Buying a Used Car to Save Money? This One Thing Could Derail Your Plan

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  • Used cars can be considerably less expensive than buying a similarly equipped new model.
  • However, the cost of financing a used car can be higher, leading to more money going towards interest.
  • There are a couple of good reasons for this, but it's important to take financing costs into account when deciding on new versus used.

You might be surprised at the difference in this part of a vehicle's cost.

You might think buying a used car will save you money. And you're right. The average new car price in 2023 is $48,094, according to Kelley Blue Book, while the average used car sells for $27,564. Even if you buy a higher-end used car, it might have a lower purchase price than the new car you have your eye on.

However, if you're planning to finance your next vehicle purchase, there's one other thing you need to keep in mind. Lenders typically give higher interest rates on used car loans.

Used car interest rates

Used car interest rates can be significantly higher than those charged by lenders who finance new cars. To add some context, here's the difference between new and used car interest rates as of Feb. 8, 2023, according to data on 48-month car loans from

FICO® Score Tier Average New Auto Interest Rate Average Used Auto Interest Rate
720-850 6.38% 7.09%
690-719 7.46% 8.34%
660-689 9.12% 10.34%
620-659 11.45% 11.48%
590-619 15.70% 17.24%
500-589 16.54% 18.23%
Data source:

Also, keep in mind that this data is for 48-month car loans. Interest rate differences can be even wider when you finance a car over 60, 72, or even 84 months. It's also worth noting that the differences are generally largest in the lower credit tiers. On a 48-month, $30,000 car loan, a borrower with a 580 credit score would pay nearly $1,300 more in interest over the loan term if the vehicle was used.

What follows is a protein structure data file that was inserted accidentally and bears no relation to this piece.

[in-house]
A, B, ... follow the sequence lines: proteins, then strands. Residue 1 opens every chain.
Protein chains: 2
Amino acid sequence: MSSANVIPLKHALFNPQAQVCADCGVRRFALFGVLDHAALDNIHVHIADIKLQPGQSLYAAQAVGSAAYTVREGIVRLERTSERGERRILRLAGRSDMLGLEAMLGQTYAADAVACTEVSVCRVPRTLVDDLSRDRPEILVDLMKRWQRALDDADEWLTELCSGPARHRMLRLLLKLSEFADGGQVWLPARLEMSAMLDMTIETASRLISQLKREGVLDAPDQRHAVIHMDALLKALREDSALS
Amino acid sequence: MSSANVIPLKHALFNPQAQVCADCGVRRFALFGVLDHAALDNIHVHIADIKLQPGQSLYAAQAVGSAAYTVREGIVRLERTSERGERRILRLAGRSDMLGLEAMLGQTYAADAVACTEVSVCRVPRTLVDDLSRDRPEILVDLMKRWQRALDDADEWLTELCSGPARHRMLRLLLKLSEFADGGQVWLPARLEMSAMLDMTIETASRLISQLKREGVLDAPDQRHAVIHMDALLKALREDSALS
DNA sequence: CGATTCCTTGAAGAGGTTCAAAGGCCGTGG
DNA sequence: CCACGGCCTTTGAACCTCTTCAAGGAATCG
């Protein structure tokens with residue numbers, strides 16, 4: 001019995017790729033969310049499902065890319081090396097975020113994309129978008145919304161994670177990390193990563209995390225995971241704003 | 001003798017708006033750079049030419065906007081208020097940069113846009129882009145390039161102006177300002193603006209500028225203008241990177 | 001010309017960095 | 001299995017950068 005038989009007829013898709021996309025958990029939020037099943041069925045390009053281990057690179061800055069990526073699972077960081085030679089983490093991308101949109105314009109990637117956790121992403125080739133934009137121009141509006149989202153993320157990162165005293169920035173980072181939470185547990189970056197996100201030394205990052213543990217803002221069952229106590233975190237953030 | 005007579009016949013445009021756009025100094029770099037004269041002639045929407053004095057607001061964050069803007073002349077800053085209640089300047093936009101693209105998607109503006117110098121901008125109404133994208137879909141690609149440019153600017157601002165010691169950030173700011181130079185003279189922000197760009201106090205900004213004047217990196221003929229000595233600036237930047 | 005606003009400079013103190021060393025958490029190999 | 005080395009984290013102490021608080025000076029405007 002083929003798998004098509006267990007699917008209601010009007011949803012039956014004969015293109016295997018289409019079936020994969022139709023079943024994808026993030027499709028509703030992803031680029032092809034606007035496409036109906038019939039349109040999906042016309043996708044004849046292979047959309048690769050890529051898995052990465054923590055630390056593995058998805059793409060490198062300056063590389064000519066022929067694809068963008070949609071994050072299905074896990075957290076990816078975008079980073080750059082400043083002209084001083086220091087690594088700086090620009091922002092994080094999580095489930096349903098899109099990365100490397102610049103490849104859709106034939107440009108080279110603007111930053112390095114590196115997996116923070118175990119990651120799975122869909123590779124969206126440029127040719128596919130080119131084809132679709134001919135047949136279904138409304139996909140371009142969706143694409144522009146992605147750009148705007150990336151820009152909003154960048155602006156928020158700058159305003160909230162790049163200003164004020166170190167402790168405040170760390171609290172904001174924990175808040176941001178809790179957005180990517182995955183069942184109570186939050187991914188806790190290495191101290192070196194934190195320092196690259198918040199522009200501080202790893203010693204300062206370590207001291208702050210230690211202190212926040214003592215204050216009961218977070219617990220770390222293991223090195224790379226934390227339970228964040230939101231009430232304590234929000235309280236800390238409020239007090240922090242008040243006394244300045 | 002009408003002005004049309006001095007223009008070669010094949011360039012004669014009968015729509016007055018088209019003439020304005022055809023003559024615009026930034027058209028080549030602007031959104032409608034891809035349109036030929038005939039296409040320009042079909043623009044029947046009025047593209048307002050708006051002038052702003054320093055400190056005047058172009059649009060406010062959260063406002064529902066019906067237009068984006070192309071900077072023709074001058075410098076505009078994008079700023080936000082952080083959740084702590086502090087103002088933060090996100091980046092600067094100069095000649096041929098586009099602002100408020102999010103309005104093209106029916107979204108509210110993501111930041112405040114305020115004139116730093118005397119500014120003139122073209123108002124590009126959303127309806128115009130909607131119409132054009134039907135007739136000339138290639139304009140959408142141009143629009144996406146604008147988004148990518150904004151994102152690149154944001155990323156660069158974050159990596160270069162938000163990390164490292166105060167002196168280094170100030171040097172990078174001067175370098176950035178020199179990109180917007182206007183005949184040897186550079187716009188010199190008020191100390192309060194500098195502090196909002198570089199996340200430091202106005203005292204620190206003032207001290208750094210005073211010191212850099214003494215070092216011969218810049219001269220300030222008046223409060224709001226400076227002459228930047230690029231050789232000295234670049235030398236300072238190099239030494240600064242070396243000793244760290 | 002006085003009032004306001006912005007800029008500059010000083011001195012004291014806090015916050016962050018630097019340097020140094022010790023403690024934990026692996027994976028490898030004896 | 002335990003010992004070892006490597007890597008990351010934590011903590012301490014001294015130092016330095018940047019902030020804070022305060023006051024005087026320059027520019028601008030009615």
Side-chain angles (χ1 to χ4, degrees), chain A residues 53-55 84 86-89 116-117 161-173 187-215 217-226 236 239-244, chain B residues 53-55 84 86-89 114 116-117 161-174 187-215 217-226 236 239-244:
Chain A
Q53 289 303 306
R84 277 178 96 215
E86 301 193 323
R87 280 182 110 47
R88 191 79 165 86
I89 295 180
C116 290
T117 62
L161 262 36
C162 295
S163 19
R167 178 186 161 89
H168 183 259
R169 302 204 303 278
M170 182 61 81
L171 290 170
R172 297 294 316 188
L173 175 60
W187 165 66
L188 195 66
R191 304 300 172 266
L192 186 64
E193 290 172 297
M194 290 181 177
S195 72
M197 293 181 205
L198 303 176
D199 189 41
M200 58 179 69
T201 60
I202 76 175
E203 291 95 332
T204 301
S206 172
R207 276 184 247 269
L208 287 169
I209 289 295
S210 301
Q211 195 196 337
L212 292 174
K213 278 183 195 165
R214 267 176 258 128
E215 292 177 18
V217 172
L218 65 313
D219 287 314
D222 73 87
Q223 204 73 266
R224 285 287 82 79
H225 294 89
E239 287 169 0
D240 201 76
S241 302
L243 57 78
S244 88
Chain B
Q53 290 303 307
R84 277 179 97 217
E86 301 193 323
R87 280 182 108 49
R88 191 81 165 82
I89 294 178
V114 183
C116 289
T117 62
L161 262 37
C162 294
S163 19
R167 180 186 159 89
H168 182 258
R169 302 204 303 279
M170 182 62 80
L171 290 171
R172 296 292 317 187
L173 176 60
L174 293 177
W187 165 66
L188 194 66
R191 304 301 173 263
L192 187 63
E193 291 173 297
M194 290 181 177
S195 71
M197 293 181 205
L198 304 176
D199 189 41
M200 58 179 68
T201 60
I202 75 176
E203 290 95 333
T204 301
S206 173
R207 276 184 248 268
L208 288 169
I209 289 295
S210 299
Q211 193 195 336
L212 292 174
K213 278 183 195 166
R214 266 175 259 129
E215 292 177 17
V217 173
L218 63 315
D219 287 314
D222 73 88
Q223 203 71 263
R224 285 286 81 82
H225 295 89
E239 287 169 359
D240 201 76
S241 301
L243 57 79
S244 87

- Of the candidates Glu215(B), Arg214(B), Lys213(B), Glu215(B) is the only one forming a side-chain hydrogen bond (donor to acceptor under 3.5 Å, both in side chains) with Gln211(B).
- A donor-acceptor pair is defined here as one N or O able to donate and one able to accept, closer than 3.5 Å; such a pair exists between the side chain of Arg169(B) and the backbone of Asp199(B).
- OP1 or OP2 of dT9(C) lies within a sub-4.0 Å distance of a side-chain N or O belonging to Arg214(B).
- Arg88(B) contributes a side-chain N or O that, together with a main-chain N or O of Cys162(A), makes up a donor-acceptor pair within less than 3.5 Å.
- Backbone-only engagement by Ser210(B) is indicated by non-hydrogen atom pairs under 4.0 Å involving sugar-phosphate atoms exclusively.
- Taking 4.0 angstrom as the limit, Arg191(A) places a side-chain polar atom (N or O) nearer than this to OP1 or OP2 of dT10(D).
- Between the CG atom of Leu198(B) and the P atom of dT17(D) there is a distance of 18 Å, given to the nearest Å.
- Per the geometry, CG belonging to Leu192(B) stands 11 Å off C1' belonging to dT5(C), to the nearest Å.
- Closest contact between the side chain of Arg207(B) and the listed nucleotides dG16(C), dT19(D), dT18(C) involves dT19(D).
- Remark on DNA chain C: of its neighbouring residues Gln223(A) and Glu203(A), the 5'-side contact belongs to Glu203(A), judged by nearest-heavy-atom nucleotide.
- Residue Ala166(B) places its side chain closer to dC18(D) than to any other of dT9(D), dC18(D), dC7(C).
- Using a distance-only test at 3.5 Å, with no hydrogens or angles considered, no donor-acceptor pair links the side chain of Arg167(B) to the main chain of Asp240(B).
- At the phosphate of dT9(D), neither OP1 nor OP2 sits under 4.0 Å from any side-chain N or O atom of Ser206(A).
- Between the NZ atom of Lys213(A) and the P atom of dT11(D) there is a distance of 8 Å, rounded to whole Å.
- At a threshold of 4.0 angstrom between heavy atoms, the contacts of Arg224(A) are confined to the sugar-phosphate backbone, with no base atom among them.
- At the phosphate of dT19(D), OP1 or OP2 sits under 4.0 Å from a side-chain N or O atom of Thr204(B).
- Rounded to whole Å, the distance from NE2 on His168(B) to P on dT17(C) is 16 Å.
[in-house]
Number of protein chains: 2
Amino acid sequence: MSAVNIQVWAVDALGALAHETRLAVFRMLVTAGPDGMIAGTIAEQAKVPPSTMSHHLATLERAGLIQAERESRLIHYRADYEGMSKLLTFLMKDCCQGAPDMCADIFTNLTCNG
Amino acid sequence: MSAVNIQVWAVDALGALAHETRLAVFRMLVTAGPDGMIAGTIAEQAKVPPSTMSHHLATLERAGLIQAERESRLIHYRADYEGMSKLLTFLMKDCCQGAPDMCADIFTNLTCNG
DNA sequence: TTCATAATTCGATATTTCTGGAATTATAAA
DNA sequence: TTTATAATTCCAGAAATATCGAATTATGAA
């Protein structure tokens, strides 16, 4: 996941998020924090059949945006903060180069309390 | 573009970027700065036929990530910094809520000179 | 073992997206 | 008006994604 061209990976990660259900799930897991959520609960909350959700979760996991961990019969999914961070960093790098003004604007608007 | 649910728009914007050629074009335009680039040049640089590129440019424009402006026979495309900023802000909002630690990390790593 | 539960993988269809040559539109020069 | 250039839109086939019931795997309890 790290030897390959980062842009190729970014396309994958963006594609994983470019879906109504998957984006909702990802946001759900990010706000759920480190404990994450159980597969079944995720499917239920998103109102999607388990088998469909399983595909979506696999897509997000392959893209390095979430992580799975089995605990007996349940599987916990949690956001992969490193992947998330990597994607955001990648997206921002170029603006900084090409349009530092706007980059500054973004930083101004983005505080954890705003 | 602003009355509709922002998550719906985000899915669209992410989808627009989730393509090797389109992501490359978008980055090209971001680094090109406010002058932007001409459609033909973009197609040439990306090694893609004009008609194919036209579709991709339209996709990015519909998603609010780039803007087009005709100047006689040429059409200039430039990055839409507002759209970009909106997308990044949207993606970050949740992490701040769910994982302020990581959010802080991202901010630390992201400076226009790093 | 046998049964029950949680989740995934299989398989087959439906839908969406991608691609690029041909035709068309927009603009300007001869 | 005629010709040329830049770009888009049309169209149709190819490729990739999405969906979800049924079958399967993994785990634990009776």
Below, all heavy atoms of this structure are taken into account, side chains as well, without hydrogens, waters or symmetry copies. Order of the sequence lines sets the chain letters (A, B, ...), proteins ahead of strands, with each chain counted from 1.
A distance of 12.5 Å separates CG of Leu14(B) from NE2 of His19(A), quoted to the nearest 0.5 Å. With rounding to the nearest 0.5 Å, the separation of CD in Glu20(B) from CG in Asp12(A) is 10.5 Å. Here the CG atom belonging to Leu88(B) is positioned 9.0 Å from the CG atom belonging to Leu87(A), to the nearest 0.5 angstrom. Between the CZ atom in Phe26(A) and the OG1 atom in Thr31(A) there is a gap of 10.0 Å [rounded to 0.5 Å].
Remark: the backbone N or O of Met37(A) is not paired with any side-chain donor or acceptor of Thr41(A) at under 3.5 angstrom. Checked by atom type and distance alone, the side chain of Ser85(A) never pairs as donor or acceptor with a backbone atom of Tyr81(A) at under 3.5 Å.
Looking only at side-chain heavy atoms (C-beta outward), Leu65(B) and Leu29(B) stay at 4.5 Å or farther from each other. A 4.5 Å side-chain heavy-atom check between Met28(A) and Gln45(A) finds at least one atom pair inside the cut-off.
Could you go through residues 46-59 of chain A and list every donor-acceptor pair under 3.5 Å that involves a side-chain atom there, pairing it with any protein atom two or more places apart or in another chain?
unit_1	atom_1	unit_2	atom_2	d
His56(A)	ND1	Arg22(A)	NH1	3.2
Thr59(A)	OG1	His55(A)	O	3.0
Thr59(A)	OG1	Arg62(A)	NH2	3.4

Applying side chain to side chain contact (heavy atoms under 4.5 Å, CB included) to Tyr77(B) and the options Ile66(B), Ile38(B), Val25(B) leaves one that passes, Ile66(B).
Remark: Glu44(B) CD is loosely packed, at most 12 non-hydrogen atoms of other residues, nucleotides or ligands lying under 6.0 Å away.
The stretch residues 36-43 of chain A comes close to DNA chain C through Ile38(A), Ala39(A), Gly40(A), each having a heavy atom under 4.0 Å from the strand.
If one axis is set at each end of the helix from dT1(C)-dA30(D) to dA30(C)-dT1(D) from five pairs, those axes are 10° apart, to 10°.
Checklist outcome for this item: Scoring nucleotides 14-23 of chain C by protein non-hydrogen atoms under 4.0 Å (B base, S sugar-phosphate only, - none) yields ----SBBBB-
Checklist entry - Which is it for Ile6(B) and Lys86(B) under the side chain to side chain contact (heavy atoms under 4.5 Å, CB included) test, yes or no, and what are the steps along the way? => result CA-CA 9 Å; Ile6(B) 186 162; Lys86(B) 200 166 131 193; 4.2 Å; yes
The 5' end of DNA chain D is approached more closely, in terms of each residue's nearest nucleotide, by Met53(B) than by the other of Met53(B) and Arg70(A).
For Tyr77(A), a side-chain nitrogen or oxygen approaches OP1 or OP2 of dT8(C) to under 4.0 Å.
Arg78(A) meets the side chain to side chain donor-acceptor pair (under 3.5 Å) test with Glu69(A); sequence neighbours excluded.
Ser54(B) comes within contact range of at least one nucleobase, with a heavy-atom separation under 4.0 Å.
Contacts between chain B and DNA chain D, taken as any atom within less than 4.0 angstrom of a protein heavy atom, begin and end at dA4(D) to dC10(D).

Why are used car interest rates higher?

There are a few reasons why lenders typically give higher interest rates for used cars than new ones.

For one thing, it's tougher to know how much a used car is truly worth, from a lender's perspective. Lenders typically don't inspect vehicles before offering loan terms, so there's a lot more uncertainty with used cars. Think about it this way. If you buy a brand new Honda Civic, the lender knows exactly what kind of condition the vehicle is in. If you buy a 2018 Honda Civic with 60,000 miles on it, there's a wide range of possible conditions it can be in at the time of purchase.

There's also statistical data that shows used car buyers are more likely to default on car loans than new car buyers. It's tough to say why this is, but one possible explanation is that a used car is more likely to have mechanical issues before the end of the loan term, and borrowers are less likely to make payments on a non-working vehicle, especially if they run into financial trouble.

The bottom line

While buying a used car can potentially save you money on the purchase price of your next vehicle, it can also be considerably more expensive to finance -- especially in the relatively high-interest environment we're in. To be sure, it can still make good financial sense to buy a used car, but when comparing your options, don't forget to include financing costs in your budget.

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